By Gretchen Kurtz
By Mark Antonation
By Ben Landreth
By Isa Jones
By Isa Jones
By Cafe Society
By Cafe Society
By Constanza Saldias
It was once perfectly acceptable to have a three-martini lunch in this country, but that practice has gone the way of fax machines and napping under your desk after a long, liquid lunch. Not every culture is so prudish, though: The Italians and French still like wine at their mid-day meal, and the Germans drink beer like water. And at the very German Karl's Deli, you're absolutely encouraged to enjoy pilsner with your lunch.
But then, Karl's isn't open for dinner: That's pretty much the way it's been since German immigrants opened the place in 1981. Last November, Austrian-born Christoph Zierhut took over Karl's, and while he vowed to keep the same spirit, he's made a few changes. For example, he added Austrian and Hungarian specials, many of them available just one day a week. And he also implemented a beer special to lure in a younger crowd: free refills of Paulaner on Saturday and Friday, when Karl's stays open until 8 p.m. in the summer and features live music on the deck.
This deck may well have been Denver's original beer garden. Although the young, trendy set has yet to discover it, suburban neighbors and nearby office workers pack the place on sunny days, sitting at picnic tables corralled by the kind of wooden rails you might see in Bavaria, right down to the heart-shaped cut-outs, with a lovely view of a parking lot. The crowd may not be raucous, but it's usually lively.
6878 S. Yosemite St.
Centennial, CO 80112
Region: Southeast Denver Suburbs
The first time I stopped by Karl's, the wintry weather ruled out a seat in the beer garden. Instead, I nabbed one of the tables inside, where the ambience consists of blue-checked tablecloths, fluorescent lights, linoleum floors, German accordion music playing over the speakers, Bavarian kitsch on the walls and a counter where you put in your order. Standing there, I perused the menu, surprising (and grossing out) the sandwich-maker when I asked about items like head cheese and beef tongue instead of turkey breast or tuna. After I finally settled on the head cheese, he got to work on my lunch while I approached the cash register, where an attendant waved me off and told me to pay when I was done with my meal, since I'd already announced that I was contemplating a strudel for dessert. So while I waited, I perused the market in the back corner, where shelves are stocked with imported candies, jellies, cookies and other sundries I hadn't seen since a trip to Germany almost ten years ago.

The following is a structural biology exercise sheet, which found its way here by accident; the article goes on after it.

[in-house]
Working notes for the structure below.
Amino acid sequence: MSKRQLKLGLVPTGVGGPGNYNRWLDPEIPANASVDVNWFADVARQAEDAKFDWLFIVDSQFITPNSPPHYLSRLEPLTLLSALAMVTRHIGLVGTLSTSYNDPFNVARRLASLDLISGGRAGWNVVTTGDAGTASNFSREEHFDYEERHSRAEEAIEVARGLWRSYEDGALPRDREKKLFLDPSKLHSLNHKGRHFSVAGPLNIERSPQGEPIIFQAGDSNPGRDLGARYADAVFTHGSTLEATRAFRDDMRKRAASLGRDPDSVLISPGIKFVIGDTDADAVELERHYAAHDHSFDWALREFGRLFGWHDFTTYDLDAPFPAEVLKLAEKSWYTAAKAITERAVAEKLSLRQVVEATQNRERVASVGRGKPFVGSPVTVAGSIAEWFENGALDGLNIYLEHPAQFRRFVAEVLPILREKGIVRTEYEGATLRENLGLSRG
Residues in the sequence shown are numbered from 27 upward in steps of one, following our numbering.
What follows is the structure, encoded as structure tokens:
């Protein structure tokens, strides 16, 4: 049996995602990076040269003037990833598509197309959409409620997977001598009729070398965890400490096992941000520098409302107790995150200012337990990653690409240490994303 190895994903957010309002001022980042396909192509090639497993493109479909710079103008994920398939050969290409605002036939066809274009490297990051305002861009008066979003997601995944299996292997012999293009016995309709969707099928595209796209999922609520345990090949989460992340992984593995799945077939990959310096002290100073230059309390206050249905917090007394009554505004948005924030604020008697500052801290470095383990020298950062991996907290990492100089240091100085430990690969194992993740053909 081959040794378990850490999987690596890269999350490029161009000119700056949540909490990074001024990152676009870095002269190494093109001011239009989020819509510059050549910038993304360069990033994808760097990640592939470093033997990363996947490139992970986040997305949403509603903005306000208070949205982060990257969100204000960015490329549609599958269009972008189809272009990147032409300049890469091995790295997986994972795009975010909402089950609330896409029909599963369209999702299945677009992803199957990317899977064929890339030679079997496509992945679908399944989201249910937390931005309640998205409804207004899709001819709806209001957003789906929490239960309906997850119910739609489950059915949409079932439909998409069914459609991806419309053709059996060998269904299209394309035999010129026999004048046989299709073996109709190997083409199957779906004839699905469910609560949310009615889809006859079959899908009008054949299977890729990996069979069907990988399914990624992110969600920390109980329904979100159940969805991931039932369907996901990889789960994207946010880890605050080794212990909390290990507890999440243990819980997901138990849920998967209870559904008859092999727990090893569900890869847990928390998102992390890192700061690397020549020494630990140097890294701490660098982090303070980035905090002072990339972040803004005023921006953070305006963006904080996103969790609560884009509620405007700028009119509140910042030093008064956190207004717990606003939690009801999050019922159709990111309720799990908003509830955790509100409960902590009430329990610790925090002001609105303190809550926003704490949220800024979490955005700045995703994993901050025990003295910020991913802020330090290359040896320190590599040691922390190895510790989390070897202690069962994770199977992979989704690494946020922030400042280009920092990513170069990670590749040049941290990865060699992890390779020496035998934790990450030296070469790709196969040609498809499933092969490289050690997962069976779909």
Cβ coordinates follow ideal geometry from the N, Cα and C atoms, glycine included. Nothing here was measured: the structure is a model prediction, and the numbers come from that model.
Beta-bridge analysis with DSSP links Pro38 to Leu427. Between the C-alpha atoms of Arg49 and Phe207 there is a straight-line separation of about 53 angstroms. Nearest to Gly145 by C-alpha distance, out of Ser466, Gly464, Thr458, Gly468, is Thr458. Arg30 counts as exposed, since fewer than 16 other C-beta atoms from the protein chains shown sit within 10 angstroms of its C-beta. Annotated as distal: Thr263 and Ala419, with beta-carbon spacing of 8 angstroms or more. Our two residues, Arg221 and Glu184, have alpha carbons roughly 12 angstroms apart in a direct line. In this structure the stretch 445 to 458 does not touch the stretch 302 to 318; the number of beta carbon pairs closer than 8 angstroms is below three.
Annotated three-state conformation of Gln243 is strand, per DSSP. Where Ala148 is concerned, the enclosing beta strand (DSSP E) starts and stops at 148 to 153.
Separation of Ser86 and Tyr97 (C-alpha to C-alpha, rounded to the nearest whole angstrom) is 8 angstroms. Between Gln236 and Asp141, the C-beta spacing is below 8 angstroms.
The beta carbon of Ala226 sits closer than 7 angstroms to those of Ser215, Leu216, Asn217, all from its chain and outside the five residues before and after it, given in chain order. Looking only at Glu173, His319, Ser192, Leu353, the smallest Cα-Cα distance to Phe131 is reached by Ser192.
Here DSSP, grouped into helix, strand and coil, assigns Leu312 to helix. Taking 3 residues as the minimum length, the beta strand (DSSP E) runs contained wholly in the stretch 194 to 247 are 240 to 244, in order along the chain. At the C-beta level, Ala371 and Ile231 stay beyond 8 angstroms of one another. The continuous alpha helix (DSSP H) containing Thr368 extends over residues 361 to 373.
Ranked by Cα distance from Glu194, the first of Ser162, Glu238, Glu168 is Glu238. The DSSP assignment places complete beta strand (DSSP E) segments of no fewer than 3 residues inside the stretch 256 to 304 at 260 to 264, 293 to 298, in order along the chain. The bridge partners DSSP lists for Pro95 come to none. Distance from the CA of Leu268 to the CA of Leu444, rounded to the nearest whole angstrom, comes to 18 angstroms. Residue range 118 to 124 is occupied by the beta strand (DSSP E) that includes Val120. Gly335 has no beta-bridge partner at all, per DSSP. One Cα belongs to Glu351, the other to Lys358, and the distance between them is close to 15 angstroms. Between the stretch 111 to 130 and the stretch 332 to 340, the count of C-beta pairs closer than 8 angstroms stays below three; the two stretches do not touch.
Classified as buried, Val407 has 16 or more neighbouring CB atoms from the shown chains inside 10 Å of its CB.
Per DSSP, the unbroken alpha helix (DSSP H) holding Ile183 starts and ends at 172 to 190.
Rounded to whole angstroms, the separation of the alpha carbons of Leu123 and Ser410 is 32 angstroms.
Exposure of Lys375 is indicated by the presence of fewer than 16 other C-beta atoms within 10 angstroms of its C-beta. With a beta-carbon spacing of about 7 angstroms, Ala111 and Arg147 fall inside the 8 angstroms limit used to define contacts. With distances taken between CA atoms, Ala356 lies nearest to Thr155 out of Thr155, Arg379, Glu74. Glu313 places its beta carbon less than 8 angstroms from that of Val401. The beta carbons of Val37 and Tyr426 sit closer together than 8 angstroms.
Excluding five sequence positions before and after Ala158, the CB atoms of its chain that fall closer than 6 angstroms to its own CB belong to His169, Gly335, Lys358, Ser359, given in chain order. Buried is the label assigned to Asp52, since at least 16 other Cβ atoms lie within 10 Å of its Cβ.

Slide show: In the kitchen at Karl's Deli
Soon the sandwich-maker called me back up to the counter to retrieve my sandwich. Good, seed-flecked rye was piled high with head cheese, a fatty, gelatinous cold cut made from various parts of a pig's head (not the brains or eyeballs, though) and aspic. Ribboned with grainy mustard, it was even better when I added the side of crisp, tart sauerkraut I'd ordered. Freshly made, pepper-dusted, creamy potato salad was the perfect complement to the sandwich; I could have eaten an entire pint. Instead, I went for that home-baked strudel, forgoing the blueberry and cherry versions in favor of apple. Flaky but firm pastry encased the sweet, gummy fruit, which was redolent of cinnamon; I blew a bit of powdered sugar and a couple of slices of almond onto the table with each bite.
As I paid my check, I learned about the free Paulaner refills on Friday and Saturday, and vowed to return as soon as possible. In the meantime, I bought a side of potato salad to take home — and wound up eating it for breakfast the next day with a fried egg on the side.
I finally returned to Karl's one recent Friday, and brought along a friend who was up for daytime drinking. We stopped by the counter to order lunch — Karl's specials this time, Hungarian goulash (offered Fridays) and a wurst platter that changes daily — and then headed to the beer garden with our tall glasses of crisp, cold beer. We were not alone: There were a few red-faced men speaking loudly in German, a woman in a corner howling with laughter over her companion's chatter, and groups of office workers — probably none of them a boss, since everyone had their hands wrapped around half-full glasses of straw-colored beer.
We were only a couple of sips into our own when a woman delivered our lunches. The goulash, which was a vivid dark-rust color, came on top of a bed of spiral spaetzle and sided by a slice of buttered sourdough and pumpernickel bread. While the dish wasn't much to look at, it was delicious. The stew tasted mostly of tomato and paprika, with chunks of braised beef that practically melted apart on the tongue. I added a little salt to bring out the depth, and thought about what a soul-warming lunch this would make on a cold day.
My friend's wurst platter was even better. The fat, fennel-infused pork sausage exploded out of its casing when cut, oozing juices into a bed of sauerkraut. Although the wurst needed nothing to dress it up, the cabbage added a nice, palate-cleansing hit of acidity; a pool of spicy mustard gave it punch and heat. A mound of potato salad also came on the plate, and it was just as addictive as it had been the first time around.